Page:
Their numbers don't matter. Mine do. And my 3DS numbers — the numbers that show how much time I used Nintendo's newest handheld day-by-day, month-by-month, throughout 2011 since the system launched, tell the story that matters most to me as a 3DS gamer.
They reveal that my 3DS was a dud when it launched, a dud through the summer and then, suddenly, it's become a wonderful thing. I have the proof, because my 3DS has been tracking everything I've done with it.
I've shot two videos of my 3DS' Activity Log, an app that is backed into every 3DS. If you have a 3DS, you have the app, too. You can use it to check the number of steps you've taken while carrying the device, as measured by the system's on-board pedometer. And you can check the playing time for every game and app on the machine. Those two measurements display an interesting contrast between how much a person brings their 3DS with them and how much they use it — think of it as intent to play vs. actually playing it.
The two videos above tell the story, but here are some of the most provocative details: since I got the 3DS in mid-March I have carried it for 349,874 steps (plus all the steps when it was drained of power). I have played and used 76 DS and 3DS games and apps on it for a total of 97 hours and 49 minutes.
I barely touched the 3DS in the spring and summer. Since September, that changed. I started using it almost daily. The reason is simple: games. It's not quite that simple, though. I've had a backlog of interesting games worth playing on my 3DS since I got the machine in March. Most of them have been DS games, things like Ghost Trick and the Professor Laytons. I only started getting 3DS games that I cared about digging into when Super Mario 3D Land hit. That wasn't until November. What kept me from that DS backlog were the games and conveniences of my iPhone.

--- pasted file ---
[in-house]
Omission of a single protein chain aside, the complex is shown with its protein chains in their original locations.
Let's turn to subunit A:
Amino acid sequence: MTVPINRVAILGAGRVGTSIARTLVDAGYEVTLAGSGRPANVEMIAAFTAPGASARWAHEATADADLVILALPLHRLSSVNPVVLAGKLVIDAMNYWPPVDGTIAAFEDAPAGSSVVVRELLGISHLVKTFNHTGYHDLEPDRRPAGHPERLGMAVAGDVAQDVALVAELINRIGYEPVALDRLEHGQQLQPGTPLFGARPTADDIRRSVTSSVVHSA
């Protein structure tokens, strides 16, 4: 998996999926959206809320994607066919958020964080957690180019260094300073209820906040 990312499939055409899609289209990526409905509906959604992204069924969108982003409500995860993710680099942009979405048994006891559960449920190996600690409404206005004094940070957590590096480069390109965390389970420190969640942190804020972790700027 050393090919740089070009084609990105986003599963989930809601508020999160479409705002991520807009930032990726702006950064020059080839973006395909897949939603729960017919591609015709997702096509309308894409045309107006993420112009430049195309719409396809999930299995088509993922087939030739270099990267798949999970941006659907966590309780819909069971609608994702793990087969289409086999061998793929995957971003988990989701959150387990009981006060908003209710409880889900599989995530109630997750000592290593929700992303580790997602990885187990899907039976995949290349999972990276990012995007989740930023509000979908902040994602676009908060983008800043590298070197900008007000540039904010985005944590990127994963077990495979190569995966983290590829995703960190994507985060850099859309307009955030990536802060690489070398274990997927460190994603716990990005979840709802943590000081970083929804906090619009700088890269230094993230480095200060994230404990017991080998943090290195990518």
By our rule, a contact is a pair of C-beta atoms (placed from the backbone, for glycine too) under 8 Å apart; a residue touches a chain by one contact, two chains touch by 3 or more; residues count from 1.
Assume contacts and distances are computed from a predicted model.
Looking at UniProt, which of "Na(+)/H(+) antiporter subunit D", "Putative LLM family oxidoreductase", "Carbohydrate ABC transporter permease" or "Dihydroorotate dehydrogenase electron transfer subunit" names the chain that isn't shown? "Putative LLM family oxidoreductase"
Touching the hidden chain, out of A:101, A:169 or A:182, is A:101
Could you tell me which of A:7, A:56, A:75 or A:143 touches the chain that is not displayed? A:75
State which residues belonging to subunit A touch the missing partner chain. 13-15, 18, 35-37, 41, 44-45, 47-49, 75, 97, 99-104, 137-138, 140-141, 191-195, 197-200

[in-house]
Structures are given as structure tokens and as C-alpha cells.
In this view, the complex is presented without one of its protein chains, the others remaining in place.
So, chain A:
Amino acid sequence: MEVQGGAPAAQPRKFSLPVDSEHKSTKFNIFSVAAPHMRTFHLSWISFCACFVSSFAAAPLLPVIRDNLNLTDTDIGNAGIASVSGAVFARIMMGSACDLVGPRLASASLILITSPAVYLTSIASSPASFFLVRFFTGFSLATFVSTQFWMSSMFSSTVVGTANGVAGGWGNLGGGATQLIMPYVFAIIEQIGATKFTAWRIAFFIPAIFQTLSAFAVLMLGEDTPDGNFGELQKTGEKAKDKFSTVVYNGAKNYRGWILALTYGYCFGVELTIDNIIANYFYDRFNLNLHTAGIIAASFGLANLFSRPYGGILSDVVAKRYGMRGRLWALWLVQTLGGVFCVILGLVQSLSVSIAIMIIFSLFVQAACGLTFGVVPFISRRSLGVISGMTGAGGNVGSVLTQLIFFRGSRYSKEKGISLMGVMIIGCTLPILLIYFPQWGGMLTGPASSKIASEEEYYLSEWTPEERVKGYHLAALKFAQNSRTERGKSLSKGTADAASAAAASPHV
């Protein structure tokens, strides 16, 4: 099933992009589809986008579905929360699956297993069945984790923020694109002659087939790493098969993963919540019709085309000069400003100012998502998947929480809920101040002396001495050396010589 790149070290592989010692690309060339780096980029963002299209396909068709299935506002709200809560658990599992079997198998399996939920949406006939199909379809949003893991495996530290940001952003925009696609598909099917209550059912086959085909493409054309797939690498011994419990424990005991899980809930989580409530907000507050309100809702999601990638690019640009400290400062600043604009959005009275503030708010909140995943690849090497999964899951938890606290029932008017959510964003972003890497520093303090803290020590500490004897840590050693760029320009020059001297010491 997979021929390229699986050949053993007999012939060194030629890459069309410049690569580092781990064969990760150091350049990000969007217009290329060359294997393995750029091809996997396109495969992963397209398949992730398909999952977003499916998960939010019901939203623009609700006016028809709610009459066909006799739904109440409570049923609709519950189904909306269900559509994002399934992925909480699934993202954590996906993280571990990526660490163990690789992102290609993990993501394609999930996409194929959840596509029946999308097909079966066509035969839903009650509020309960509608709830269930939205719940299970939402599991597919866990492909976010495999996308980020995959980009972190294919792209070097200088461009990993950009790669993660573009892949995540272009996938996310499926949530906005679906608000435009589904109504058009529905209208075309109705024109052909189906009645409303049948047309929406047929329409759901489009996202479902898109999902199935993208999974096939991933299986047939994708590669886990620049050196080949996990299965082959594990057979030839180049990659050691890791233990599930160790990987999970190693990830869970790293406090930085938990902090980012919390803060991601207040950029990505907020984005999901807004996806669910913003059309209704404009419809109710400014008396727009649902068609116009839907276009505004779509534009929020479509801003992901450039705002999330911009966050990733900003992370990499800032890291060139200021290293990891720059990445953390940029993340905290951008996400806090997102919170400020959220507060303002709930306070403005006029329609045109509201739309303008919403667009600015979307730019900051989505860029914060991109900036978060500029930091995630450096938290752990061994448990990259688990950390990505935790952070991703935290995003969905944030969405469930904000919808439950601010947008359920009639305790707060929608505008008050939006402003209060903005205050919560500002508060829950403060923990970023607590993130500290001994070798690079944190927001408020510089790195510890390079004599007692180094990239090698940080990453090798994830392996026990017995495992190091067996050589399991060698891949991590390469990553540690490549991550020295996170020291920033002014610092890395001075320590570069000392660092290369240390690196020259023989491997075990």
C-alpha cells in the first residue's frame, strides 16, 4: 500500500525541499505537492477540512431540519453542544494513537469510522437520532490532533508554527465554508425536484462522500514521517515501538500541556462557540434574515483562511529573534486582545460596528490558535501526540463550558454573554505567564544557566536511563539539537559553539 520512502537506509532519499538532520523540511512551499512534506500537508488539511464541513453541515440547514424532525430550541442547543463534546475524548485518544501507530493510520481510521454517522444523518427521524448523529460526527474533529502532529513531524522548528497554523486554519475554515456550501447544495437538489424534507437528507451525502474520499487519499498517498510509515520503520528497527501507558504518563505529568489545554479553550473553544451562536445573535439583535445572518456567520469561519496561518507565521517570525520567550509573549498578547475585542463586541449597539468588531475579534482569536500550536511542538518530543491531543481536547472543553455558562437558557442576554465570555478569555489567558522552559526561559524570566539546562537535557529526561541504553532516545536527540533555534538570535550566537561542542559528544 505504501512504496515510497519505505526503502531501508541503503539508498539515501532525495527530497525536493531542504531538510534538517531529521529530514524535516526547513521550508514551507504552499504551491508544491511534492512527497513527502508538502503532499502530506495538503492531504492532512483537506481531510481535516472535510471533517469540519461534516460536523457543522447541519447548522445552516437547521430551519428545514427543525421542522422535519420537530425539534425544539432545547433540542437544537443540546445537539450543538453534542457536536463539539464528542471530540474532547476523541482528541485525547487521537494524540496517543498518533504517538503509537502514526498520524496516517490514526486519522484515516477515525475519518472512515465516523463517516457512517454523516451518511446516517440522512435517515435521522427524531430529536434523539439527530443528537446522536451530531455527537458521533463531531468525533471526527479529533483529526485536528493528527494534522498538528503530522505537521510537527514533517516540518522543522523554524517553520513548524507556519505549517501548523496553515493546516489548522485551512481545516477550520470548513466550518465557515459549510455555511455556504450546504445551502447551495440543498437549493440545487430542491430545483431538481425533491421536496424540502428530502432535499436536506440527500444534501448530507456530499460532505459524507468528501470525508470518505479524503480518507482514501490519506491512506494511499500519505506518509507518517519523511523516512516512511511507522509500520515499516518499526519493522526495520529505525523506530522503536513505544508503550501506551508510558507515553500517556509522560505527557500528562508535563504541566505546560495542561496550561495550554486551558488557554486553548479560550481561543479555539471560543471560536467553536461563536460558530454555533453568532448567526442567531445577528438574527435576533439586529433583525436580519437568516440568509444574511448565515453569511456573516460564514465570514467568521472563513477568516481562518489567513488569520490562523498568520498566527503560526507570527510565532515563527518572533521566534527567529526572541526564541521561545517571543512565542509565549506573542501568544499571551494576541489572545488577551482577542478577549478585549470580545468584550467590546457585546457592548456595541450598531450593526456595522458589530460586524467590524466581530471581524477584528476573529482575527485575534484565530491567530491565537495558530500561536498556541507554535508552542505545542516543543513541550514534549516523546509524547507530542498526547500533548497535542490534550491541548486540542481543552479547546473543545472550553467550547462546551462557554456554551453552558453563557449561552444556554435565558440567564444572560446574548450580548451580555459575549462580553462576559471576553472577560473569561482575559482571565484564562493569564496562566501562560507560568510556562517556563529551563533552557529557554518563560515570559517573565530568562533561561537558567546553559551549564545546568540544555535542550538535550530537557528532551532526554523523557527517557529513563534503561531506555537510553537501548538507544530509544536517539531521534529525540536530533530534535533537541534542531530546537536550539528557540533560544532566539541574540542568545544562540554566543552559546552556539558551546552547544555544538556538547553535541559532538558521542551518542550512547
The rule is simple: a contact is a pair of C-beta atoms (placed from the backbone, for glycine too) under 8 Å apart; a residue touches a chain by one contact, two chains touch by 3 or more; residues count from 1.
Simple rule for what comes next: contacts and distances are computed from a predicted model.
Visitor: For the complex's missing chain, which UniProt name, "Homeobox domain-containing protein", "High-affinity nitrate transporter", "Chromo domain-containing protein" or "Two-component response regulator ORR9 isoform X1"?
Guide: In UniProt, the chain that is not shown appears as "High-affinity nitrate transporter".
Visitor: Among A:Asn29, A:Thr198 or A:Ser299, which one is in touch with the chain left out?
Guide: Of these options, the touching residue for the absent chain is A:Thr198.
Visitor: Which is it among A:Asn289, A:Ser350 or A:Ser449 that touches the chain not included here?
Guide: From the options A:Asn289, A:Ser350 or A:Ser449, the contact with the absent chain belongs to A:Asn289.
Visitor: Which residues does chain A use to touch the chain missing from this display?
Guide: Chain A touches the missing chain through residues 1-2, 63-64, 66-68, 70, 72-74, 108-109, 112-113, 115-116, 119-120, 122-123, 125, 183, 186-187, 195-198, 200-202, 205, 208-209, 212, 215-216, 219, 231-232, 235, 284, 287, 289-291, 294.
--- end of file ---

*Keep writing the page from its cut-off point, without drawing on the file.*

I'm a podcast-listener and a New York City subway-commuter. Through much of 2011, I filled my twice-daily half-hour subway rides with iPhone stuff. The subways are cramped and I have to hold on to a pole to keep my balance (I can't get a seat!). So I would listen to podcasts and play iPhone games like Drop7 with one hand. I had neither the space to play my 3DS nor the motivation — due to a lack of enough compelling games — to surf the subway, elbow my way to a seat or otherwise find a way to play Nintendo's handheld. In the fall, I've finally been that motivated. My 3DS is back in rotation.
The stats and charts don't lie. My stats don't lie. The 3DS was a waste of plastic for me for much of the year. I barely touched it. But now, past a big price cut, past a lot of naysaying, it's finally come into its own. The chart matches my mood. I'm finally happy with my 3DS.
(If you must know Nintendo's stats... They say they've sold 6.68 3DSes worldwide through the end of September. They don't have US numbers through November yet, but a spokesperson told me: "We don't have a final number yet, but we're confident that after only eight months on the market, the Nintendo 3DS has already surpassed the first full-year sales total of the Nintendo DS (which was 2.37 million)." Those sales, of course, were helped by a price cut in the summer which reduced the machines cost by a third. And, for the record, Nintendo gave me my 3DS at launch, so I can't say whether the system has been "worth it." I can simply say, I'm much happier with it.)